India’s textile heritage spans centuries. It is as varied as it is colorful. Cloth was big business for traders along the silk route.
Chinese silk, Himalayan wool, fine Bengali cotton, made its way to the great cities of Banares and Delhi, to the many kingdoms that dotted the Deccan plateau and to India’s long coastline.
Each region boasted unique methods of production, using materials that were locally available.
At Peaceware we offer you textiles from these traditional craft centers.
Ikat: a method of patterning fabric by tie-dyeing the warp yarns, the weft yarns or both, before weaving. A characteristic of Ikat textiles is an apparent blurriness to the design found on both faces of the cloth. Ikat is produced in traditional textile centers from India to Southeast and Central Asia, Japan, Africa and Latin America.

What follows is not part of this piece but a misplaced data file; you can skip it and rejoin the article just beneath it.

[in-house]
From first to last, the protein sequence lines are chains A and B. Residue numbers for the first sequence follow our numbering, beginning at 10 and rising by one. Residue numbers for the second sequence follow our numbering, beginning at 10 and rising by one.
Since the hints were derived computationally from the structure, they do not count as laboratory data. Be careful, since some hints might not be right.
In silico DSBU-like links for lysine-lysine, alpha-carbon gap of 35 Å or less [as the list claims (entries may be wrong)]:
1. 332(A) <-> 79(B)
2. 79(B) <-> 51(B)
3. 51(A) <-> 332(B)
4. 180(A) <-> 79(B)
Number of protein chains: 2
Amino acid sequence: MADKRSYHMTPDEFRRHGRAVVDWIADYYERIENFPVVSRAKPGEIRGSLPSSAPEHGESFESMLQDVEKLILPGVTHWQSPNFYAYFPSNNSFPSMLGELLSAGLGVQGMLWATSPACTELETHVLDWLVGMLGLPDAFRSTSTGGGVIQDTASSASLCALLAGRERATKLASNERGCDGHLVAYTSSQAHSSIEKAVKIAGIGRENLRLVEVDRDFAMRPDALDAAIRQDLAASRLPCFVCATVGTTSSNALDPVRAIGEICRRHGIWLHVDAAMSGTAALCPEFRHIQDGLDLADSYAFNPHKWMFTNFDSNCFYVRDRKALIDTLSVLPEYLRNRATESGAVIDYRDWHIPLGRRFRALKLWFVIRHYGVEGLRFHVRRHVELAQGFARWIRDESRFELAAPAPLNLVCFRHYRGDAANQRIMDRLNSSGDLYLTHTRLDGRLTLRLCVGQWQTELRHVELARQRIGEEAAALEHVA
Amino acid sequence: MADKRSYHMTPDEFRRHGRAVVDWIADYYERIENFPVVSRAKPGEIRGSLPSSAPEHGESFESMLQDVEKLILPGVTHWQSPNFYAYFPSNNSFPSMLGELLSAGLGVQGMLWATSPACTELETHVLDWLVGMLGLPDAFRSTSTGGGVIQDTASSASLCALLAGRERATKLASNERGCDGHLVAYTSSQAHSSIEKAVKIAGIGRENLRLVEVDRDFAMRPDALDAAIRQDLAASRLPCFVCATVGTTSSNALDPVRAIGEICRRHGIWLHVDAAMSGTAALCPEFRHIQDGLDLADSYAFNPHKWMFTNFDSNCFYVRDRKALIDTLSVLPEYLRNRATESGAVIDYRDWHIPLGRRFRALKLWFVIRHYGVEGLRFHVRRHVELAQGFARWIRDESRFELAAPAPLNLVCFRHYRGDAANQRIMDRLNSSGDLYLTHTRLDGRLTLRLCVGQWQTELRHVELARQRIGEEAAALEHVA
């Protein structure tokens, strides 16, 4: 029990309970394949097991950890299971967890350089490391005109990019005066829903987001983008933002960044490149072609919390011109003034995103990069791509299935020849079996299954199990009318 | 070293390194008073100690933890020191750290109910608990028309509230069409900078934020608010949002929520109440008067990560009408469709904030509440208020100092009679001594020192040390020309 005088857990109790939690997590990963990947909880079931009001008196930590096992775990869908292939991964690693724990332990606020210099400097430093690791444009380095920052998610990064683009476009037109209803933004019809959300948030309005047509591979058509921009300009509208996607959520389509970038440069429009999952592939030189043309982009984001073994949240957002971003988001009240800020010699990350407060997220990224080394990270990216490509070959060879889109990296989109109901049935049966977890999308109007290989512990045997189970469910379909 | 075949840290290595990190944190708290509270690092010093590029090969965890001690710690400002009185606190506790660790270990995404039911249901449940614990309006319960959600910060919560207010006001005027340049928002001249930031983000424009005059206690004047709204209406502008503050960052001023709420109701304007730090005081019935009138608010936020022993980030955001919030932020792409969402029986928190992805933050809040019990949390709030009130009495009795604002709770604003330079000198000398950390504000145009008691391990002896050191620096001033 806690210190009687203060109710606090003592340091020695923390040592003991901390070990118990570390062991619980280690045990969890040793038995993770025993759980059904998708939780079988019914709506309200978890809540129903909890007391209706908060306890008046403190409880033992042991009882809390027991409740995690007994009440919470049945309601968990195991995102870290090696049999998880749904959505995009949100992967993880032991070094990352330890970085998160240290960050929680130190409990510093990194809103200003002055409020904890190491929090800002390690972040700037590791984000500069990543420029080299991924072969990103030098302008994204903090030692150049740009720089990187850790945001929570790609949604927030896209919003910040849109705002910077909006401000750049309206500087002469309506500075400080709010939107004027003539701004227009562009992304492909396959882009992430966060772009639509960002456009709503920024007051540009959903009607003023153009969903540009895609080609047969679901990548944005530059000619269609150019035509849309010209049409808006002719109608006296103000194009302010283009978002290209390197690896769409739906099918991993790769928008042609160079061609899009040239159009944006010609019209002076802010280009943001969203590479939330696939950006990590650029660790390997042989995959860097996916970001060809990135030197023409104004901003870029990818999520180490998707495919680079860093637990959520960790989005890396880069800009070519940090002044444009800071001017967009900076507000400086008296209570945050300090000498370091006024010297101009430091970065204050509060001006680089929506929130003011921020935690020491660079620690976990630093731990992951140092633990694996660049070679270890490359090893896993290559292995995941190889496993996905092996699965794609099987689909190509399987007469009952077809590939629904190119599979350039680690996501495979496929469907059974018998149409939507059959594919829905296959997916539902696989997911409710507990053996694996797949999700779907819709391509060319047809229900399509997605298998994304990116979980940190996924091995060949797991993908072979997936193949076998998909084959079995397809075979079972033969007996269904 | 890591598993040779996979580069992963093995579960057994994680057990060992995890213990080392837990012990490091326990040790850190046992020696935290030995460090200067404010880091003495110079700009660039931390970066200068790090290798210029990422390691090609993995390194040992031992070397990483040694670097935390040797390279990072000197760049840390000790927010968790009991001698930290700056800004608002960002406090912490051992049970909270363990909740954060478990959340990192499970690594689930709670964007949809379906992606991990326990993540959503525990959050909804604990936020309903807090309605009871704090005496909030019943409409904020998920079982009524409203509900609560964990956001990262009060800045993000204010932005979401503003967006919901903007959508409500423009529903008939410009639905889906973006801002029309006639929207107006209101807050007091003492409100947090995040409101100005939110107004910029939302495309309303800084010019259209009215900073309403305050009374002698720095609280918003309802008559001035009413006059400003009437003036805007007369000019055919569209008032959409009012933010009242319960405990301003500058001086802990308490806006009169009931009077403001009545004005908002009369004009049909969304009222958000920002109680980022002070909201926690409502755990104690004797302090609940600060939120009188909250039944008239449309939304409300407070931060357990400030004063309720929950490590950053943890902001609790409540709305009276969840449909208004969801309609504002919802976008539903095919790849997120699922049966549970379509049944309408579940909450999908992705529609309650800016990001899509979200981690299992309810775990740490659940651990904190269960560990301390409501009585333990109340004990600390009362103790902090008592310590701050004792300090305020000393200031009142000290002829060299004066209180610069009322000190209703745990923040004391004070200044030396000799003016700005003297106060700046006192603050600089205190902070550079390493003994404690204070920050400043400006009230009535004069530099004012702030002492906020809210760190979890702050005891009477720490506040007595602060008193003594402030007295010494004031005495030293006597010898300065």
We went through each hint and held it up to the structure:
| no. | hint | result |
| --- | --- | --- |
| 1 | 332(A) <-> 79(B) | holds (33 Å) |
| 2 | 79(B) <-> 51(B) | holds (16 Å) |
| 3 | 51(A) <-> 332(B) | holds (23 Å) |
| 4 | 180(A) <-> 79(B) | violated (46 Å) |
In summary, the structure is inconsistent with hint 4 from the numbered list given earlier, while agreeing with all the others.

Ajrak : Geometric shapes, etched on wooden blocks are used to print Ajrak Fabric. Mainly Crimson and Indigo natural dyes color the textile. Excavations in the Indus valley area in Northwest India and Pakistan have yielded Ajrak patterns used on cloth from the ancient civilization of Mohenjodaro. Production continues today in Kutch, India.
Bandhani : patterning cloth by pinching and binding it into a motif, before dyeing. One of the earliest examples of the tie dye dotted textile is found in 6th century cave paintings of the life of Buddha, at Ajanta, India.
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